U.S. Senate panel votes to advance FAA certification reform bill

By David Shepardson WASHINGTON (Reuters) - The U.S. Senate Commerce Committee on Wednesday voted unanimously to approve a bill to reform how the Federal Aviation Administration (FAA) certifies new airplanes after two deadly Boeing 737 MAX crashes killed 346 people and raised questions about U.S. regulators' oversight.

Reuters November 19, 2020 00:09:18 IST
U.S. Senate panel votes to advance FAA certification reform bill

US Senate panel votes to advance FAA certification reform bill

By David Shepardson

WASHINGTON (Reuters) - The U.S. Senate Commerce Committee on Wednesday voted unanimously to approve a bill to reform how the Federal Aviation Administration (FAA) certifies new airplanes after two deadly Boeing 737 MAX crashes killed 346 people and raised questions about U.S. regulators' oversight.

Senator Maria Cantwell, the committee's top Democrat, said the message to the FAA and Boeing Co is "cutting corners is not an option." On Tuesday, the U.S. House of Representatives unanimously approved similar legislation. The FAA on Wednesday issued an order to unground the plane after 20 months.

Lawmakers hope to reach agreement to significantly tighten aviation industry oversight before Congress adjourns for the year, aides said, but acknowledge they may not have time.

Senator Roger Wicker, the panel's chairman, said he and Cantwell hope "to move this very important legislation forward as soon as possible."

The bill grants FAA new power over the longstanding practice of delegating some certification tasks to aircraft manufacturer employees.

Boeing declined to comment on the bill.

House Transportation Committee chairman Peter DeFazio, a Democrat, said the FAA failed to properly ensure the safety of the 737 MAX, and has called aircraft certification "a broken system that broke the public's trust."

FAA Administrator Steve Dickson told Reuters the agency will "work with Congress" on proposed reforms.

Dickson said FAA delegation of tasks to Boeing and others is beneficial when properly done. "We have to have an arms-length relationship but we also want to leverage the capabilities and the data and the information that the company has," Dickson said.

It would require FAA to quickly disclose risk assessments after fatal air crashes and a review of methodology behind them.

In the aftermath of the October 2018 Lion Air 737 MAX crash, the FAA conducted a risk assessment that calculated that without a fix to a key safety system called MCAS there would be an estimated 15 additional fatal accidents over the lifetime of the 737 MAX.

DeFazio said "despite its own calculations, the FAA rolled the dice on the safety of the traveling public and let the MAX continue to fly until Boeing could overhaul its MCAS software."

The bill also would create new whistleblower protections and bolster misconduct investigations and discipline management at the FAA and require a review of FAA certification expertise.

(Reporting by David Shepardson in Washington; Editing by Chizu Nomiyama and Matthew Lewis)

This story has not been edited by Firstpost staff and is generated by auto-feed.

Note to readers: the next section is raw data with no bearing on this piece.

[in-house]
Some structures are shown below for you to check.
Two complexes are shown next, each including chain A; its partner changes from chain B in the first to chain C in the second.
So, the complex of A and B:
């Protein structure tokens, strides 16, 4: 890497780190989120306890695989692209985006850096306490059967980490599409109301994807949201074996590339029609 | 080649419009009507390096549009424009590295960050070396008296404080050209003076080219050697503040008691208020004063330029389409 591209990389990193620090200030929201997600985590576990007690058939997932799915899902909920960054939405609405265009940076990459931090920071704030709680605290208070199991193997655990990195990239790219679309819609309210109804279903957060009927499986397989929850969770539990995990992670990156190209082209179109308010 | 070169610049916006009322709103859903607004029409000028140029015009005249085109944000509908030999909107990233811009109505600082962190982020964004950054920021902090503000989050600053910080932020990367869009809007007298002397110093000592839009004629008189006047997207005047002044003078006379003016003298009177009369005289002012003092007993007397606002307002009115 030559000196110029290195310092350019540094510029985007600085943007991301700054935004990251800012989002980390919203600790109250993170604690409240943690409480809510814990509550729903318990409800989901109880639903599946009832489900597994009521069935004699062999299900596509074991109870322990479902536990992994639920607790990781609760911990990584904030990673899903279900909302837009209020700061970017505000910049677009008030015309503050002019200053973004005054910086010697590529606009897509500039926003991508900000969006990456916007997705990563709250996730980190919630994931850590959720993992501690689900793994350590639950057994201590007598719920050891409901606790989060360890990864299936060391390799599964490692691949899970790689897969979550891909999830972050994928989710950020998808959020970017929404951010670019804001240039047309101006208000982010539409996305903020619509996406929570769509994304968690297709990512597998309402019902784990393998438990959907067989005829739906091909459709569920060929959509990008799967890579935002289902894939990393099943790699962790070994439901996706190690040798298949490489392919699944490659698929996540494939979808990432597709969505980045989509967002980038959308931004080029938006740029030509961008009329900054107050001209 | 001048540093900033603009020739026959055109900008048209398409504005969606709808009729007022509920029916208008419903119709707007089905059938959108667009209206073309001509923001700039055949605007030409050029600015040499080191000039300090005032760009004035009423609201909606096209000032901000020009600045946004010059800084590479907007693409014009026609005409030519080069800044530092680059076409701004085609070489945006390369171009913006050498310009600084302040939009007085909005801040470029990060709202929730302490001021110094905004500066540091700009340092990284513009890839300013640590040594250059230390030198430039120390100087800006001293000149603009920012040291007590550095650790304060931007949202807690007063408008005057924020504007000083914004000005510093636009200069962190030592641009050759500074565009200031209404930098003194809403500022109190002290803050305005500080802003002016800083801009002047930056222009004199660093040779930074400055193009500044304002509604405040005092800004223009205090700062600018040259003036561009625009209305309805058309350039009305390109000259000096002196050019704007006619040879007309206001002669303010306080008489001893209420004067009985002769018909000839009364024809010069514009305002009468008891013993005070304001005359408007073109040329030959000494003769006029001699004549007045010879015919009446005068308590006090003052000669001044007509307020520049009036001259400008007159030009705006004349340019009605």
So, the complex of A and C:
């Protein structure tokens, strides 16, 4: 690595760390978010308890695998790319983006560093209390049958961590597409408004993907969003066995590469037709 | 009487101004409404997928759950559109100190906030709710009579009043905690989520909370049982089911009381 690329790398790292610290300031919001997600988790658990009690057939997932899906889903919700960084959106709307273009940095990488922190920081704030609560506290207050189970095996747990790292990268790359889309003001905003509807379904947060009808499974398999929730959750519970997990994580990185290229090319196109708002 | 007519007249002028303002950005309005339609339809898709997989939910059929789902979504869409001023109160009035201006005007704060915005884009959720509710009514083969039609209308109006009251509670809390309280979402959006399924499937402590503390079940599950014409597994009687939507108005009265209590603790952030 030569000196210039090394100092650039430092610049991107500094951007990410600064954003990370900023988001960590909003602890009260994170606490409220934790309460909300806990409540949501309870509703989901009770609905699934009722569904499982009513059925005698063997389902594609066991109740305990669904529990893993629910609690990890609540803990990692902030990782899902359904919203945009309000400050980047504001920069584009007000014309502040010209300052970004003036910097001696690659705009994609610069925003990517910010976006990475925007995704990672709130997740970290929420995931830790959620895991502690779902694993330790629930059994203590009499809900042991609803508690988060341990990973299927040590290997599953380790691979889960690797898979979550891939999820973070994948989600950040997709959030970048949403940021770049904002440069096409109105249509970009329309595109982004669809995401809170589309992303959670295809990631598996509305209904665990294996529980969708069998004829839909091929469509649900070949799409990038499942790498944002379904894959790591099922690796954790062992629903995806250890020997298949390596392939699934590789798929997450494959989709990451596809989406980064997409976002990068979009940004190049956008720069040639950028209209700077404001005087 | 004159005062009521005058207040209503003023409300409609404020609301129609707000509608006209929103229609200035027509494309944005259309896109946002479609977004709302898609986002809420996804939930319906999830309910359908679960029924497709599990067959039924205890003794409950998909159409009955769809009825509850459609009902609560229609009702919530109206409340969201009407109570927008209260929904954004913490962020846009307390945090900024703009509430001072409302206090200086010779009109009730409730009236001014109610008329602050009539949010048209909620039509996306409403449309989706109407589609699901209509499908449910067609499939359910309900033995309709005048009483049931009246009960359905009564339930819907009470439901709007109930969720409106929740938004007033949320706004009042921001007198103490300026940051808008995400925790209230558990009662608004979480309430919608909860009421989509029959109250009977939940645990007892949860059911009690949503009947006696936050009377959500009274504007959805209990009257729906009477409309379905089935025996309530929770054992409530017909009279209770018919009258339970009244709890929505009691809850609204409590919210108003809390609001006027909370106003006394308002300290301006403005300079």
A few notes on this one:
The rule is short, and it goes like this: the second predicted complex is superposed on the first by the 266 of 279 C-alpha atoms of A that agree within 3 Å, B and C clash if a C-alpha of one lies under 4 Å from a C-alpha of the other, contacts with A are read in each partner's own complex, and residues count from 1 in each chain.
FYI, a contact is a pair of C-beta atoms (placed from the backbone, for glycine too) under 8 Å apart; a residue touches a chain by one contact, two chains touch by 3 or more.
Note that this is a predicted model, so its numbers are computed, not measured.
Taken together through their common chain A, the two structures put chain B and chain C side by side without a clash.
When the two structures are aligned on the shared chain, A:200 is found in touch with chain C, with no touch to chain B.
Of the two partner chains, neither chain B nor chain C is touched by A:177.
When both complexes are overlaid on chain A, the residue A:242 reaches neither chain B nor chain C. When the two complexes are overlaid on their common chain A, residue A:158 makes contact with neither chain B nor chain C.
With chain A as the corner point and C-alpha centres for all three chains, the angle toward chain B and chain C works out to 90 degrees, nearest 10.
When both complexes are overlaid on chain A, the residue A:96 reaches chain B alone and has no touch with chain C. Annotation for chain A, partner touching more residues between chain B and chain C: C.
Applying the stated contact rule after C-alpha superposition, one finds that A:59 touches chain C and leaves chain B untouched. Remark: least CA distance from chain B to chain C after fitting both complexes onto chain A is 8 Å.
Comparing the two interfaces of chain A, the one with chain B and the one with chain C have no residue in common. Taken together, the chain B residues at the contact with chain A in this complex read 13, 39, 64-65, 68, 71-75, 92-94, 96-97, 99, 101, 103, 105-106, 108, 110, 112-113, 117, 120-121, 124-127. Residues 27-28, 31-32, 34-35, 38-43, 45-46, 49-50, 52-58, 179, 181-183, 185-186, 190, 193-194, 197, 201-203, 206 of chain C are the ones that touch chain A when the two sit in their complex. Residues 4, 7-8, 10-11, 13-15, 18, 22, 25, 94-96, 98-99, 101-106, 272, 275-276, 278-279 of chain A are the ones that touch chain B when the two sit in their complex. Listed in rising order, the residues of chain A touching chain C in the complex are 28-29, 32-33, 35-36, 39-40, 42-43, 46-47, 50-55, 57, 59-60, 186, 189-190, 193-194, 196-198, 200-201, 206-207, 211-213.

Updated Date:

TAGS:

also read

France, Germany to agree to NATO role against Islamic State - sources
| Reuters
World

France, Germany to agree to NATO role against Islamic State - sources | Reuters

By Robin Emmott and John Irish | BRUSSELS/PARIS BRUSSELS/PARIS France and Germany will agree to a U.S. plan for NATO to take a bigger role in the fight against Islamic militants at a meeting with President Donald Trump on Thursday, but insist the move is purely symbolic, four senior European diplomats said.The decision to allow the North Atlantic Treaty Organization to join the coalition against Islamic State in Syria and Iraq follows weeks of pressure on the two allies, who are wary of NATO confronting Russia in Syria and of alienating Arab countries who see NATO as pushing a pro-Western agenda."NATO as an institution will join the coalition," said one senior diplomat involved in the discussions. "The question is whether this just a symbolic gesture to the United States

China's Xi says navy should become world class
| Reuters
World

China's Xi says navy should become world class | Reuters

BEIJING Chinese President Xi Jinping on Wednesday called for greater efforts to make the country's navy a world class one, strong in operations on, below and above the surface, as it steps up its ability to project power far from its shores.China's navy has taken an increasingly prominent role in recent months, with a rising star admiral taking command, its first aircraft carrier sailing around self-ruled Taiwan and a new aircraft carrier launched last month.With President Donald Trump promising a US shipbuilding spree and unnerving Beijing with his unpredictable approach on hot button issues including Taiwan and the South and East China Seas, China is pushing to narrow the gap with the U.S. Navy.Inspecting navy headquarters, Xi said the navy should "aim for the top ranks in the world", the Defence Ministry said in a statement about his visit."Building a strong and modern navy is an important mark of a top ranking global military," the ministry paraphrased Xi as saying.